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Anxiety Stigma

It's important to divulge your anxiety disorder to important people, and in a previous post, I tried to convince whoever I could that disclosing your anxiety was in your best interest. If you are one of those readers and actually took my advice, thank you. Now, you may need some practical tips for how to divulge your anxiety to others – I hope these can help.
Disclosure is an important part of living with any mental illness, anxiety included. For those unaware, disclosure simply means letting the people in your life know that you are mentally ill. In a future post, I will share some more practical advice for when you disclose, but right now, I want to focus specifically on why I feel disclosing is so important, and why I feel everyone with mental illness should disclose.
For many of you, hearing me recommend being alone while anxious may seem foreign, if not counterproductive. After all, a common suggestion for people with any mental illness is to maintain a healthy support network to get you through tough times. I’m not disagreeing with that suggestion, for I think it’s vitally important for your health. What I am suggesting is that during those periods of heightened anxiety, it may be helpful to step away from everyone and allow yourself to be alone with your thoughts.
A few weeks ago, I outlined why I think American society causes anxiety. I want to revisit this topic again, but this time focus on one particular social plague: what Medium’s Gabriella Rackoff calls: "the cult of the entrepreneur."
The myth of holiday suicide is one of the most stubborn myths related to mental illness. Because it’s now officially the holiday season, I want to take this opportunity to do my part to bust the most stubborn myth. Most of you have probably heard there is a significant increase in suicides during the holiday season; however, as the title of this post suggests, this is a myth. Suicide rates are actually lower than average during the holidays, with their peaks occurring in the spring and fall. While most people probably don’t think much of the myth, dismissing it as another old wives tale tenaciously hanging on to relevance, I’m much more disturbed by it, and feel the holiday suicide myth needs to be addressed with some degree of urgency.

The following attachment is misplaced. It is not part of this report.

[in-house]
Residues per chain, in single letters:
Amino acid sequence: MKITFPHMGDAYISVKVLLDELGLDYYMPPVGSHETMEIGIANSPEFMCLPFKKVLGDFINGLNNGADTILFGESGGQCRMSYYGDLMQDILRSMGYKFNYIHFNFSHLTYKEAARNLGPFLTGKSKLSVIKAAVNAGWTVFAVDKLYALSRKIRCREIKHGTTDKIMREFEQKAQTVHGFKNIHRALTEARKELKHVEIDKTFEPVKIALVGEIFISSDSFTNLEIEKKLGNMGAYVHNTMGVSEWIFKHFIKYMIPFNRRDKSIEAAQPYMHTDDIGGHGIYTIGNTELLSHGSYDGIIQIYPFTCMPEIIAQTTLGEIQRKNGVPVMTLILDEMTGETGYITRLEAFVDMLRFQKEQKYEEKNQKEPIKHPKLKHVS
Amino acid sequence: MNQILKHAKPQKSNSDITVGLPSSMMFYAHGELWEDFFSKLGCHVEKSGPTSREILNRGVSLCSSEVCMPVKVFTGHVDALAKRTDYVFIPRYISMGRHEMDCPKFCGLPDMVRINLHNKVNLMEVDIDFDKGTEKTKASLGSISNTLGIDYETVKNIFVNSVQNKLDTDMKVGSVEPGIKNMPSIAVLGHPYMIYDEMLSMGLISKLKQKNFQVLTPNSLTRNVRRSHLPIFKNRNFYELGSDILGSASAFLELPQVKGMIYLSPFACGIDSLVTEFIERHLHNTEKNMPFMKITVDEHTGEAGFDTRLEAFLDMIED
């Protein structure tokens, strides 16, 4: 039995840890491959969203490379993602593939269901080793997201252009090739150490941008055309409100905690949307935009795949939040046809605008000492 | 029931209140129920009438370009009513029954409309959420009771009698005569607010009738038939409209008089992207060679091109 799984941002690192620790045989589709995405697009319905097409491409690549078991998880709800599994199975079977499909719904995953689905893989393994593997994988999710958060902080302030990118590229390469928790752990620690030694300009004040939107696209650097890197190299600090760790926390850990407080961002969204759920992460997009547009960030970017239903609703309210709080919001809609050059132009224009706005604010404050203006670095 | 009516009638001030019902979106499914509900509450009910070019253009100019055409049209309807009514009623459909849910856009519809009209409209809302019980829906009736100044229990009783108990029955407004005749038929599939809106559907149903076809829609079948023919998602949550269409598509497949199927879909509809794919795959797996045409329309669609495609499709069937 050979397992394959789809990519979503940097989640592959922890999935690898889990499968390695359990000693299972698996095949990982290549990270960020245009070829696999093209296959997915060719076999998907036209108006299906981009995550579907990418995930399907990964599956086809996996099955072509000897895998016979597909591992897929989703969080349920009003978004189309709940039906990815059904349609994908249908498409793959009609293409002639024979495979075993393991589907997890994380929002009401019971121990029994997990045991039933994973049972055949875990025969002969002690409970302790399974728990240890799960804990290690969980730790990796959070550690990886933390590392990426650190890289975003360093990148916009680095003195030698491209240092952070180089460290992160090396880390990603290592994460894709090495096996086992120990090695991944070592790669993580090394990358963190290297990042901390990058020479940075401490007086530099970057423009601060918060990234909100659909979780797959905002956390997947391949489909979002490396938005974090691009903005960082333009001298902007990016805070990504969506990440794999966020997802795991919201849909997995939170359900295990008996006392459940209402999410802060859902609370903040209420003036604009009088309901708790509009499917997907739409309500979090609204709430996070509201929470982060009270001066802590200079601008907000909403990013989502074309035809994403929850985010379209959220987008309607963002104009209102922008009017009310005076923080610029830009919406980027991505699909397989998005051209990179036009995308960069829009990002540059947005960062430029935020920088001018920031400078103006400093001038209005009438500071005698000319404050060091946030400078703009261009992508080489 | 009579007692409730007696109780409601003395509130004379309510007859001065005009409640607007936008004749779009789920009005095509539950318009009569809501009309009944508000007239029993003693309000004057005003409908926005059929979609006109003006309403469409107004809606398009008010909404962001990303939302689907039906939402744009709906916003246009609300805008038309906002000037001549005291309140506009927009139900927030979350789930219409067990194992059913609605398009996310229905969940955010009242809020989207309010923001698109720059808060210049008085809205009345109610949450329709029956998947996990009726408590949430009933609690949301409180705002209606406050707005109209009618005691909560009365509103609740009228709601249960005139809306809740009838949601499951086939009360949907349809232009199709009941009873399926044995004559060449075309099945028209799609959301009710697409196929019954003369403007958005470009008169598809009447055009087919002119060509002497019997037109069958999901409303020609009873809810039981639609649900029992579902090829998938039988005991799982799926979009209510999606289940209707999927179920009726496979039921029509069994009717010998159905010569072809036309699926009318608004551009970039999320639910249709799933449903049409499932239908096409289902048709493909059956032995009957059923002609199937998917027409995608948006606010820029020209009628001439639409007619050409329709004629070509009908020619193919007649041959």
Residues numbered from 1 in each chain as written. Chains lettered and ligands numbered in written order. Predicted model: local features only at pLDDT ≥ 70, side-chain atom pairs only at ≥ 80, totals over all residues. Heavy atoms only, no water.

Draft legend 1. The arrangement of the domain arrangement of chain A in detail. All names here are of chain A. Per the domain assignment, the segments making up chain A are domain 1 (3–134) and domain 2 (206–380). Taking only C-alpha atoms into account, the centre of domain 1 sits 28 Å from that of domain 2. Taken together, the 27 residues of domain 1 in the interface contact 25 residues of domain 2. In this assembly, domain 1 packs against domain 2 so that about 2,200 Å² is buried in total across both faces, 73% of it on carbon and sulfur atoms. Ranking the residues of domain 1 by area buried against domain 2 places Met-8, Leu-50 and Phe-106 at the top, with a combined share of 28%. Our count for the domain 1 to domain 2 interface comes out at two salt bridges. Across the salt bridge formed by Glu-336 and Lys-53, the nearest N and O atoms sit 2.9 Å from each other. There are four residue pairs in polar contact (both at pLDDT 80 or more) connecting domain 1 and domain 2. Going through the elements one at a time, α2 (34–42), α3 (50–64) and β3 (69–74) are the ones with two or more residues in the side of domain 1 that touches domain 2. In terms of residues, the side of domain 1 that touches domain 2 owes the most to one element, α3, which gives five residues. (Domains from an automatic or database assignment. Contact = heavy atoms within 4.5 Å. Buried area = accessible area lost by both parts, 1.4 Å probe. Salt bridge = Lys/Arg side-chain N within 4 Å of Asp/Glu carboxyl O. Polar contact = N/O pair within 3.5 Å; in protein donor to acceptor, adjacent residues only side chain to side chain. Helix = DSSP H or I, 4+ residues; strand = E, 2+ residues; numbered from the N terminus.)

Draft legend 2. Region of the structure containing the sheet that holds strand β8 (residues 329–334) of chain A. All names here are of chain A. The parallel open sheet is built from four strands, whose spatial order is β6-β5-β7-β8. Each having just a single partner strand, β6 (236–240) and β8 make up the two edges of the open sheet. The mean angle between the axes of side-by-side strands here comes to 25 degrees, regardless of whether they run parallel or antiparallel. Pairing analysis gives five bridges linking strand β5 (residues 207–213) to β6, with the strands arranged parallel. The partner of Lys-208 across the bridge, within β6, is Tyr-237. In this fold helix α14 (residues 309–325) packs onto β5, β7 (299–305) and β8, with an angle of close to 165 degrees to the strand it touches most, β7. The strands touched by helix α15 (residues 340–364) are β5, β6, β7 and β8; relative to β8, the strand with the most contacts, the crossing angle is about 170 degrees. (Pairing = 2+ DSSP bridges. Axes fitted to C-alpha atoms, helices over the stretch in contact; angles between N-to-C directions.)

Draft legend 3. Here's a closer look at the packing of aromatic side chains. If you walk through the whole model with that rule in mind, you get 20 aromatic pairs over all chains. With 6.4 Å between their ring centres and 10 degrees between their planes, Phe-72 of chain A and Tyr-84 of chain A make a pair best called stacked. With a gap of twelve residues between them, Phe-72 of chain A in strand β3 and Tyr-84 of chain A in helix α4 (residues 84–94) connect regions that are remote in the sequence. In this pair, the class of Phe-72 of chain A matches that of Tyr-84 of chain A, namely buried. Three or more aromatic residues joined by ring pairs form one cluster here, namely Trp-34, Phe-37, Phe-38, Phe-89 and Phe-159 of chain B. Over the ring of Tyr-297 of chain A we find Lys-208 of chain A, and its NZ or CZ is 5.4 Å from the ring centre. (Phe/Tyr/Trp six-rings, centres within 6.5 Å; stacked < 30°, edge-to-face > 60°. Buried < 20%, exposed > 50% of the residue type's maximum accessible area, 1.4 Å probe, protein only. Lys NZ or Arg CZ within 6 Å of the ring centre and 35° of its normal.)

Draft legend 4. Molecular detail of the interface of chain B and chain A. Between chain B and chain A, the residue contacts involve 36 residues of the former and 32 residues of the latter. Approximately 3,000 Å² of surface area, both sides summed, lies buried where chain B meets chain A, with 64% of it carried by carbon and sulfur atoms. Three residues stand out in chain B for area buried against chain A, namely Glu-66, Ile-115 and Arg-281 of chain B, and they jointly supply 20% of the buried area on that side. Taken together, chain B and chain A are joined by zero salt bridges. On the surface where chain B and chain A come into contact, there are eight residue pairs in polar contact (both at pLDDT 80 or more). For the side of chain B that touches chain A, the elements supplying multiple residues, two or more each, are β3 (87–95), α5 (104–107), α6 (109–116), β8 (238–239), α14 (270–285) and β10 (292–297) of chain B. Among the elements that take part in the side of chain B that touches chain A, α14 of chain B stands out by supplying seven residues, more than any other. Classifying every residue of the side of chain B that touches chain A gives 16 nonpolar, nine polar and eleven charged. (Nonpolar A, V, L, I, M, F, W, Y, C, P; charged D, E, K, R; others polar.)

I’ve found that stuffed animals help with my anxiety. However, for most people, sleeping with stuffed animals is something considered appropriate only for young children. Instinctively, it does feel a bit strange to imagine an adult with an army of stuffed animals thrown about on their bed. But perhaps it’s time to condemn that instinctual judgment as inaccurate and overly bigoted –- perhaps the benefits of sleeping with stuffed animals to help with anxiety into adulthood are something we should all take seriously.
Anxiety and laziness seem unseemly because social pressure tells us it’s not okay to be lazy -- or anxious. We tend to value productivity and activity – if we don’t get as much out of the day as we can, we can be looked down upon. However, anxiety and laziness can go together, and it's okay to be lazy when you're anxious.
I’ve consigned myself to the fact that my anxiety will never go away. Part of it may be due to genetics –- another part may be due to how my brain is wired -– but another part, and one that we need to talk about more often, is that American society itself creates anxiety symptoms.
Why is it so difficult to feel sympathy for people with mental illness? Some of you may have heard the story I'm about to talk about – it gained a fair amount of traction online a few weeks ago. Regardless, I feel the need to share it again, because it so perfectly embodies our broken attitudes and inability to feel sympathy regarding mental health.
I receive a lot of negative comments and unsolicited advice as an anxiety sufferer. The average person who has experienced anxiety may think that he has some helpful comments and suggestions for you. Some anxiety management ideas may, in fact, be helpful. Other observations are simply unsupportive or condescending. For the most part, I’ve found that unsolicited comments and advice are not constructive or beneficial to me as an anxiety sufferer.
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